Arizona Field Ornithologist



Alan Schmierer, PO Box 626, Patagonia, AZ 85624

(All photos taken by the author)

Figure 1: Botteri’s Sparrow at location “L” from 22 January 2014 survey. Note rather fresh molt in this and subsequent photos.

In September 2013 the author presented information reviewing the recent winter records of Botteri’s Sparrow (Peucaea botteri arizonae) in Arizona (Fig. 1; Schmierer 2013). Included in that article were the results of the author’s 6, 7 and 8 January 2013 survey for Botteri’s Sparrows along the roads of Patagonia Lake Ranch Estates, just south of Patagonia Lake, Santa Cruz Co, Arizona. Also included were the results of a February 2013 follow-up survey of a more limited area. The protocol and results of those surveys are detailed on page 4 of that article. This current publication reports the results of the author’s follow-up surveys of January 2014.

In addition to the bird survey, local botanist Sue Carnahan, assisted by the author, revisited the sites where the 2014 winter Botteri’s Sparrows had been detected to assess the vegetation species, density, height, degree of grazing, and various physical land features. A similar analysis was done at selected local sites where Botteri’s Sparrows had not been seen in either winter, comparing these to the Botteri’s detection sites.

The following information is generally presented as Part 1, describing the methodology, results and conclusions of the 2014 Botteri’s Sparrows surveys, and Part 2, discussing the methodology and results of the related habitat survey of the same area. The two considerations are then discussed as they may relate to each other.



On 8, 9, and 10 January 2014 the author did a modified, informal point-count survey that was designed and conducted to replicate the 2013 survey as close as possible. It covered the same 19.6 kilometers of roads in the development, with kilometers covered, hours, weather, and protocol being essentially the same as in 2013 (Schmierer 2013). In addition, several areas of the development where sparrows were not detected on that initial survey were re-surveyed on 22, 23, and 25 January. These additional surveys totaled 2.5 hours by car and 3.5 hours on foot, and covered 10.0 km of roads or sections of roads that had produced no detections in the winter of 2013 or 2014. The intent of the latter was to identify what areas did not appear to attract wintering Botteri’s Sparrows, for the purpose of later studying the habitat characteristics of these areas.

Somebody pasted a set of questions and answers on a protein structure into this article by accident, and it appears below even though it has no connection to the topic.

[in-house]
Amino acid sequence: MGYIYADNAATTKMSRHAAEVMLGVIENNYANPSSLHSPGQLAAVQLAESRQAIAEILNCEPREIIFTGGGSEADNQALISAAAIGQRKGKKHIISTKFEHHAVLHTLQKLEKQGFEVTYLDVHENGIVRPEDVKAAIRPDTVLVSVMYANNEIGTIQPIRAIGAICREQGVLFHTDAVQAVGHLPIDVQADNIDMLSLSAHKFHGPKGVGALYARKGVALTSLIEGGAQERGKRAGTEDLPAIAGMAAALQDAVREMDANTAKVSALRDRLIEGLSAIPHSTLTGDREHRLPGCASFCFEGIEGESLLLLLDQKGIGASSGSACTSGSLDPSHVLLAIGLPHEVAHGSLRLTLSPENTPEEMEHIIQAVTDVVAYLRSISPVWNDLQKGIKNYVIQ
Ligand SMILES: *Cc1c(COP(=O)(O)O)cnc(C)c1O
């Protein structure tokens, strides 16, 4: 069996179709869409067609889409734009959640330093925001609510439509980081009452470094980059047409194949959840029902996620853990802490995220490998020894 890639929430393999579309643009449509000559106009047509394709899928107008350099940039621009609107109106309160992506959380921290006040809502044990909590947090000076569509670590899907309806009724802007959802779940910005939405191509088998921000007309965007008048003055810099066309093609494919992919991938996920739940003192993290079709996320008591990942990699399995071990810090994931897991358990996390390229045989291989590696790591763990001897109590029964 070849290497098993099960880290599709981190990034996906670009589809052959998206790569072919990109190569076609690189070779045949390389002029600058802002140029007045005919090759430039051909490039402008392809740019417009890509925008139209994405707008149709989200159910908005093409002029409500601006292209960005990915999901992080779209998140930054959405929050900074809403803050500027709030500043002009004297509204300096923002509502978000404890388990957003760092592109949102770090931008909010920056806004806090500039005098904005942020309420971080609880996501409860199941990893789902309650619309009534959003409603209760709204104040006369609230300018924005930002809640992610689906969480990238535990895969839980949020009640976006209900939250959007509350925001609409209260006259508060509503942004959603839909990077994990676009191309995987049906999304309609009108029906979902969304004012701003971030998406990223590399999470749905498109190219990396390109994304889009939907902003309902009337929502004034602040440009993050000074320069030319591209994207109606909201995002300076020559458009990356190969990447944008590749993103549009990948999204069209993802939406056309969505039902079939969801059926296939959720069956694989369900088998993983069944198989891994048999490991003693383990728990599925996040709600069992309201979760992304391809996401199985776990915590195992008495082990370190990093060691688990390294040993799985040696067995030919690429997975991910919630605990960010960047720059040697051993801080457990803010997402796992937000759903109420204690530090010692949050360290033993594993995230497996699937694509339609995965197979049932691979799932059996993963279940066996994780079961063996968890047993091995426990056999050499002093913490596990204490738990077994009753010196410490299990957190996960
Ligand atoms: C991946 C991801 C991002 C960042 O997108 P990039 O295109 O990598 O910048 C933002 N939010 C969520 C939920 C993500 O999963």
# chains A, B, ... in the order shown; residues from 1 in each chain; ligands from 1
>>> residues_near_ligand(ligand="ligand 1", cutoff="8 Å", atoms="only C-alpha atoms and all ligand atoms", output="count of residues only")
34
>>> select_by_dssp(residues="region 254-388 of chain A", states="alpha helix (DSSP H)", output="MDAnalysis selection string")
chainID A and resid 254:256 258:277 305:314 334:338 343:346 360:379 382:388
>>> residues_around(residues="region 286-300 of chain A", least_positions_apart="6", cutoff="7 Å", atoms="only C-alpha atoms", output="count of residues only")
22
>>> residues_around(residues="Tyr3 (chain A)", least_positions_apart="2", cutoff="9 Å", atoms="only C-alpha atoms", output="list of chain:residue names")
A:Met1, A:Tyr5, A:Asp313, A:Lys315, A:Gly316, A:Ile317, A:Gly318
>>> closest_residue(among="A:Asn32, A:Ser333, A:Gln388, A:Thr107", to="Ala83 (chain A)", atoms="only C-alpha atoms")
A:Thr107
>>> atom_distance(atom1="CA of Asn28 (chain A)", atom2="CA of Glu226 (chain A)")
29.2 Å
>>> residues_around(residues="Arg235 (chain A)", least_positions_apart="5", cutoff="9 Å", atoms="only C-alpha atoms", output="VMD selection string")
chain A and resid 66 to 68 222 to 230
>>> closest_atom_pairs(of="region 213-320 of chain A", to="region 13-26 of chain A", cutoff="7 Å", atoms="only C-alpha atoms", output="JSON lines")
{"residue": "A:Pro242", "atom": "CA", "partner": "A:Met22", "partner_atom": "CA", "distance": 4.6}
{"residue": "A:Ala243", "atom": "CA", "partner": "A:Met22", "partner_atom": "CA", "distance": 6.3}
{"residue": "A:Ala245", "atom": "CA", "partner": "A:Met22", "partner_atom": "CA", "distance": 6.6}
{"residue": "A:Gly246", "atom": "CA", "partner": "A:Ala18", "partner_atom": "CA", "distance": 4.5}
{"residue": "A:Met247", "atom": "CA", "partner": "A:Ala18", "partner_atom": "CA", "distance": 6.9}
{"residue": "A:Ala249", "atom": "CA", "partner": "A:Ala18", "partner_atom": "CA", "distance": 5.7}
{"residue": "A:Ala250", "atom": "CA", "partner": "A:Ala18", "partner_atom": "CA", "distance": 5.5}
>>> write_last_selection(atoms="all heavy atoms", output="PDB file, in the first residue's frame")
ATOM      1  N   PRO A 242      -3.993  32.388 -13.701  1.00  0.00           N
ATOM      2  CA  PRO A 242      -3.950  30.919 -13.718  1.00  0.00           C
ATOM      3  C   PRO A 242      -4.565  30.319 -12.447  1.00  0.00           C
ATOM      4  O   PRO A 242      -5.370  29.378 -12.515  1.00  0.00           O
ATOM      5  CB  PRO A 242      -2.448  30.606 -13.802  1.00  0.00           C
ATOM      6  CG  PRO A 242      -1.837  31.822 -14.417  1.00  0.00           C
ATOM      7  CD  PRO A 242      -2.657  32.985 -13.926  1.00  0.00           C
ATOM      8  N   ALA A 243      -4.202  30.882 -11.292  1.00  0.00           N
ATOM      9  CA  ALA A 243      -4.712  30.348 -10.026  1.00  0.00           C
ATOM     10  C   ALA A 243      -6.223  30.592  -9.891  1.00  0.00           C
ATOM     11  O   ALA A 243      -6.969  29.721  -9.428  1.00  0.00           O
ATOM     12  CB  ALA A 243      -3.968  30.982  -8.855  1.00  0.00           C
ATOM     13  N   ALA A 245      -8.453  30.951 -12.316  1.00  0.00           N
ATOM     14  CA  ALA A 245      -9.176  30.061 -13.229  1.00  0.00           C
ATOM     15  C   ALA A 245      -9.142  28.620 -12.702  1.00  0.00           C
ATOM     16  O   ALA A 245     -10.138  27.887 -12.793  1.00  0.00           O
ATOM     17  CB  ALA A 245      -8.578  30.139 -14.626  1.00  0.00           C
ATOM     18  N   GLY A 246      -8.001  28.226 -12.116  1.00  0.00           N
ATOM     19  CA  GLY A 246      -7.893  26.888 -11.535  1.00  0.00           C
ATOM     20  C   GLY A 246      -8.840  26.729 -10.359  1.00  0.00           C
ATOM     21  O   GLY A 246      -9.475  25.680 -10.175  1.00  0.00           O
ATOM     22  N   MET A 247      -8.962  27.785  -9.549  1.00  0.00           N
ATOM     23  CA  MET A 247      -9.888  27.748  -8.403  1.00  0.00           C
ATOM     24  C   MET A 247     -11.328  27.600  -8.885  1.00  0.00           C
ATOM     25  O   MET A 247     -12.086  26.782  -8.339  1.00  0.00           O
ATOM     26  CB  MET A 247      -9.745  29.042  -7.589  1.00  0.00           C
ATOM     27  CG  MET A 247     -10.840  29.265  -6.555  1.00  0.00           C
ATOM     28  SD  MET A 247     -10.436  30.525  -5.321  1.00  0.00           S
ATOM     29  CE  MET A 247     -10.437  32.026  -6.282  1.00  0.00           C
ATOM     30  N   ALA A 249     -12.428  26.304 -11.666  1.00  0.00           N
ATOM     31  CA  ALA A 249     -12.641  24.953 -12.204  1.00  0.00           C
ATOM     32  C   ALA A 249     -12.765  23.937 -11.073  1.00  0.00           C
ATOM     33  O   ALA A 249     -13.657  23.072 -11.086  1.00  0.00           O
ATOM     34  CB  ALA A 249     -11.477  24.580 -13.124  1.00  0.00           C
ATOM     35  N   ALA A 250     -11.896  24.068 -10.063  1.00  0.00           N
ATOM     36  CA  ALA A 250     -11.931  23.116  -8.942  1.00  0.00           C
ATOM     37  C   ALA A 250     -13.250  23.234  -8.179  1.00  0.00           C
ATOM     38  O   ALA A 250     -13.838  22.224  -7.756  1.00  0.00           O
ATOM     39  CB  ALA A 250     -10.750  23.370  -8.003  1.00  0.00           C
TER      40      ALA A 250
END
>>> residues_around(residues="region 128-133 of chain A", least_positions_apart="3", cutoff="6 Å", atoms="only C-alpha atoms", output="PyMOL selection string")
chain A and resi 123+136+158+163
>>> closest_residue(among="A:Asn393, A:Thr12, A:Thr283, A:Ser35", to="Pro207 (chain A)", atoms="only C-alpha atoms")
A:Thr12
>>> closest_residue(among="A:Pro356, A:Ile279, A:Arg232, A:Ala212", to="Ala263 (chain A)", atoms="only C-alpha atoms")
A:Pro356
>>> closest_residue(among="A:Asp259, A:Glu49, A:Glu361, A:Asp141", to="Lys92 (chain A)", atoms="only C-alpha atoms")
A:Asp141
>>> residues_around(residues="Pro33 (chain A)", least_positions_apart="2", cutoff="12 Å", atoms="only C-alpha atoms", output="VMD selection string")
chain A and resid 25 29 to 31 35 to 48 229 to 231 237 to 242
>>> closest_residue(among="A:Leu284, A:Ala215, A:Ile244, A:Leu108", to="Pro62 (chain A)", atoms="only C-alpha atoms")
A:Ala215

The Botteri’s Sparrow combined survey detections for 2013 totaled 25 birds at 20 locations, with a total effort of 11.7 hours; for 2014 totaled 15 birds at 12 locations, with a total effort of 12.8 hours. The total kilometers of road covered in 2014 were the same as in 2013, but in 2013 only 1.9 km were re-surveyed, compared to 10 km re-surveyed in 2014. In 2013, two incidentally found birds seen during the week were added to the totals; in 2014 one was added. This was done in order to provide the most complete picture possible. Roads surveyed and mapped locations of the 2013-2014 birds are found here.

Birds found less than 90 m from each other were considered as the “same location” and were given the same letter designation on the map. The author estimates that all marked locations are accurate to within 5 m of actual locations where each bird was first detected. The map also includes locations of several incidentally found birds. The sections of the development occupied by the 2014 birds was similar to that of the winter of 2013 and generally concentrated in the north-eastern half of the road system. Notable differences were the addition of one very southwestern area (on Lado de Loma Road) and the lack of detections on Circulo Montana. The latter includes the author’s yard, where the sparrows utilized the feeder last year but were un-detected in the winter of 2014.

Of the birds detected, only one was silent and was not detected until it was about 1.5 m from the car. All others responded to playback with high-pitched chipped call notes similar to those heard during the breeding season. The responses ranged from rather quiet chipping, but with an insistent pace, to chipping that was very strident. Distance from the playback did not seem to correlate with the intensity of the reaction. Five individuals responded with a short, emphatic trill call mixed in with the high-pitched chipping notes. Most birds, especially those with the most emphatic chipping, showed very agitated behavior, with hyperactivity, cocked tail and raised crown and nape feathers (Fig. 2 and 3).


Figure 2: Botteri’s Sparrow at location “L” from 22 January 2014 survey. Note raised crown and nape feathers, in agitated reaction to playback Figure 3: Botteri’s Sparrow at location “B” from 8 January 2014 survey. Note again the raised crown and nape feathers, in agitated reaction to playback.


Typically these Botteri’s Sparrows responded to playback by flying from the grass up into the back side of a nearby, if not the nearest, tree or shrub, then working their way to the playback side of that tree, generally 1-2.7 m from the ground. The farthest responses to playback came from 46 m: two birds that flew to a bush 27 m away, agitated and chipping, then flew tree to tree, but never approaching closer than that 27 m. Of four other birds that responded from about 30 m, two approached and two stayed at that distance. Seven of the fifteen 2014 detections were within 90 m of a 2013 location. The longest linear distance that any bird moved while being observed was about 70 m.

No Cassin’s Sparrows (Peucaea cassinii) and only one Grasshopper Sparrow (Ammodramus savannarum) responded to the Botteri’s Sparrow playbacks.